Obviously a smiley isn’t very threatening so the placeholder had to go. The initial idea was to use John Bauer-like trolls. The concept process went from horrifying zombie trolls, to some less zombiefied trolls and finally scrapping the trolls in favor for wolverines. At one point we also played with the idea of the enemies carrying objects like lanterns. The lanterns were scrapped but you can see some lantern (and stick) sketches in the concept art below.
From day one it was the decided that Tytte Bear would feature a subarctic theme. Therefore the characters should be based on the wildlife in those regions. For the player’s avatar we needed a small creature to fit within the non-combat based gameplay. The artist were given the highly detailed instruction “Give me a Norwegian lemming or something” and she started drawing. Below are some of the concept art she delivered.
This is the story about the ambition with Tytte Bear, why Tytte carries a stick and how it all ties to Solid Snake.
I’m a big fan of Metal Gear Solid. No, not the one for PlayStation. Though it’s pretty good too. I’m talking about Metal Gear Solid for the Game Boy Color, also known as Metal Gear: Ghost Babel in some parts of the world. Being on the GBC the graphics were quite limited. The protagonist, Solid Snake, looked like a gray, pixelated rice corn. On the other hand, lacking graphical horsepower it made the game focus more on actual gameplay rather than endless cut scenes and that is a good thing in my opinion.
Now, what does a coarse super-spy have to do with a cuddly, berry collecting, furr ball? Well, I wanted Tytte Bear to have the same general concept as Metal Gear: A two-dimensional stealth game with a bird’s eye-view. Though I also wanted the game to be suitable for children, thus Solid Snake’s habit to punch (or shoot) every problem in the face wasn’t going to cut it. This stealth game was going to be non-violent.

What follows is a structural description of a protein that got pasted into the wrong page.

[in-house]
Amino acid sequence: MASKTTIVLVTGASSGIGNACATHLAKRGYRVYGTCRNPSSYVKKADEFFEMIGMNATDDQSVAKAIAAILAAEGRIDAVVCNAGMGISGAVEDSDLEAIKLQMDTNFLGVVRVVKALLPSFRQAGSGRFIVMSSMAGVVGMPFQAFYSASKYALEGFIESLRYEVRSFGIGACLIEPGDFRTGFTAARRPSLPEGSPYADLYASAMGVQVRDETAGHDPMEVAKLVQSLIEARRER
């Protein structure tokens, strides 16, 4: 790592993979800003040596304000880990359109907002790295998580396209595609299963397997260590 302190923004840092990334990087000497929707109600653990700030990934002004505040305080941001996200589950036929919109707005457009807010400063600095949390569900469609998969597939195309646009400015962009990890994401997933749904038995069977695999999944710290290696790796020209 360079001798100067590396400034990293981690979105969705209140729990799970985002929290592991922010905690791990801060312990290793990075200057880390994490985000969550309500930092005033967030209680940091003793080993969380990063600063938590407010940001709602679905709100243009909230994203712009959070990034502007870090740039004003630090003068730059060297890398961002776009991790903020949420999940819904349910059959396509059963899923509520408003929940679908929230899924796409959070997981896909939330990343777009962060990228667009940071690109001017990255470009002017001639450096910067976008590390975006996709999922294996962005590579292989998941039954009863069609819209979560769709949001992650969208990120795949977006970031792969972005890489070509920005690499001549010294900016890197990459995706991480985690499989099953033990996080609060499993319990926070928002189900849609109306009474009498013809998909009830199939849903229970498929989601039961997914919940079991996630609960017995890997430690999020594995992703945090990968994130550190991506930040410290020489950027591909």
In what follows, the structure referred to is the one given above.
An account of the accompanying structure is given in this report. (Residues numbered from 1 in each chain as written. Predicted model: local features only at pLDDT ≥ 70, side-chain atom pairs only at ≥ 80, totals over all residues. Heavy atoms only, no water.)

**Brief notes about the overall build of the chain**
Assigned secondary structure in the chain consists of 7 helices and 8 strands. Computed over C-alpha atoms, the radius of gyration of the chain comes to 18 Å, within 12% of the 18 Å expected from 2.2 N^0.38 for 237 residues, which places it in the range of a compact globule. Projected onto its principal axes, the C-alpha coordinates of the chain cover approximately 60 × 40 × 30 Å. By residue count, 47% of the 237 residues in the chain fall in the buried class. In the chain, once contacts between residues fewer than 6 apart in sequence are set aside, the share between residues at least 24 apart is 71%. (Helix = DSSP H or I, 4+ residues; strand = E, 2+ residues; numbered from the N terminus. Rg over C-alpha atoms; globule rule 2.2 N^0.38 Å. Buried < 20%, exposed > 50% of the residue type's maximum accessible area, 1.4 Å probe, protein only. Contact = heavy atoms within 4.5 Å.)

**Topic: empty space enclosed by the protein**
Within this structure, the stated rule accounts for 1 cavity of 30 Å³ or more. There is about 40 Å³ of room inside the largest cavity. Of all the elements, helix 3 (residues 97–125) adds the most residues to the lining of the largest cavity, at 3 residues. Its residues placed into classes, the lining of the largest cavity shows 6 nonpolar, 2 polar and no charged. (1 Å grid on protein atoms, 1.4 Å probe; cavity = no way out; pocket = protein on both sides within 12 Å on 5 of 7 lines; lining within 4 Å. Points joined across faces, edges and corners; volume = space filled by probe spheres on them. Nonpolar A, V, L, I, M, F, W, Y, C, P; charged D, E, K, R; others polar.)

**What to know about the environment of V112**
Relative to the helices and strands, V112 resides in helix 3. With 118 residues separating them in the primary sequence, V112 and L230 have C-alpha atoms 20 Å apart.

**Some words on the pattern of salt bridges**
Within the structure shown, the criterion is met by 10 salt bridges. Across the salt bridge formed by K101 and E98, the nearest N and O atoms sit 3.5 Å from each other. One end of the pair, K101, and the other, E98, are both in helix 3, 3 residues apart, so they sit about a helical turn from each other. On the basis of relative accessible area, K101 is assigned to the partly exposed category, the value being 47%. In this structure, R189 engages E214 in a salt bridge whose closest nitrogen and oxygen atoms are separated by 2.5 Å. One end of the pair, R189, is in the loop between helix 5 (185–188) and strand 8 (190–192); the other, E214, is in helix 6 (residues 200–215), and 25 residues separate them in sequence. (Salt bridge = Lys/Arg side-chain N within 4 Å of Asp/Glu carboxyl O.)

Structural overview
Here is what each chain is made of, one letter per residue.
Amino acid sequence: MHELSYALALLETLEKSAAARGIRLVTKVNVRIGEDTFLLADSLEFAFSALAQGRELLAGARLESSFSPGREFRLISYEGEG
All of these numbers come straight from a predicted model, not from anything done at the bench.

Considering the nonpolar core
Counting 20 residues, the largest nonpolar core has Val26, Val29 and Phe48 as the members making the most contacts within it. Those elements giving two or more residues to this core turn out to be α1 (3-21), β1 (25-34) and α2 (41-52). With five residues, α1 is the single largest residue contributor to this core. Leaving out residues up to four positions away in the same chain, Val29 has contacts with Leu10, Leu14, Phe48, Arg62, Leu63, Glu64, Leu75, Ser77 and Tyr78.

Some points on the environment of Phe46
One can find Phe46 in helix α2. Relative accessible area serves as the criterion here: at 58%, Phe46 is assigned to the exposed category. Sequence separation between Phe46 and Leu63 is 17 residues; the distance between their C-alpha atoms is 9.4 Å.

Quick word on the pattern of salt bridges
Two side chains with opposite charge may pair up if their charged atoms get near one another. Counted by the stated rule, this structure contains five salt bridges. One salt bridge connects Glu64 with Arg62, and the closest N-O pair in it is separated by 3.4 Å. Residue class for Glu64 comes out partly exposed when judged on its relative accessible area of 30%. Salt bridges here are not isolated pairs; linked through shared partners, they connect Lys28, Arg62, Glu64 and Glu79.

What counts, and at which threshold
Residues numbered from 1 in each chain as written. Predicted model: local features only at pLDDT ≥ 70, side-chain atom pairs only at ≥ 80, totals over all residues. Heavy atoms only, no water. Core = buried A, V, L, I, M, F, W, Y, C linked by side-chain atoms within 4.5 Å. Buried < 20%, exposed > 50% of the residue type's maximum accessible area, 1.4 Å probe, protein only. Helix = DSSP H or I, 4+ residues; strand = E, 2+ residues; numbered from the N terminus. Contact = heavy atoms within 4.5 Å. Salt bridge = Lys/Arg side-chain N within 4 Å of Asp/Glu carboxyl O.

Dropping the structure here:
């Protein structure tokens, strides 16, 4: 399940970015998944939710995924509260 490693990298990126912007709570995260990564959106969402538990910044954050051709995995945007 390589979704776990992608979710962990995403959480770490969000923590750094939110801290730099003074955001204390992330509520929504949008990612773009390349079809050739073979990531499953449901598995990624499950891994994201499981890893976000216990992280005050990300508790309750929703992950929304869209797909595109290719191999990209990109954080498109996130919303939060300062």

Thinking up a non-violent stealth game isn’t easy. Violence is a common element in the genre. Throw it out and you need to replace it with something else. Preferably something that enhances the “stealth”. Our first decision was to make the protagonist, Tytte, a small animal and the enemies predators. Which provides a reasonable explanation to why you can’t fight them. Though, we still wanted Tytte to interact with the enemies in in some way. Therefor we equipped her with a magic wand that could temporarily freeze enemies. This resulted in two problems. First of, it was too effective! You could freeze enemies over and over and they couldn’t do anything. Secondly, it was kind of boring with this block of frozen beast blocking the way. Then we remembered the old prank were you tap someones shoulder and as they turn around you walk past them on the opposite side. We tried this by turning the wand into a regular stick. Which was easy since it kind of was a stick anyway. By poking an enemy with the stick, the beast will turn towards you, giving you an opportunity to sneak past. But it also introduces a risk factor since you might be spotted if you’re to slow. The screenshots below shows it in action.
The stick also opened up some other possibilities but we’ll take that another day.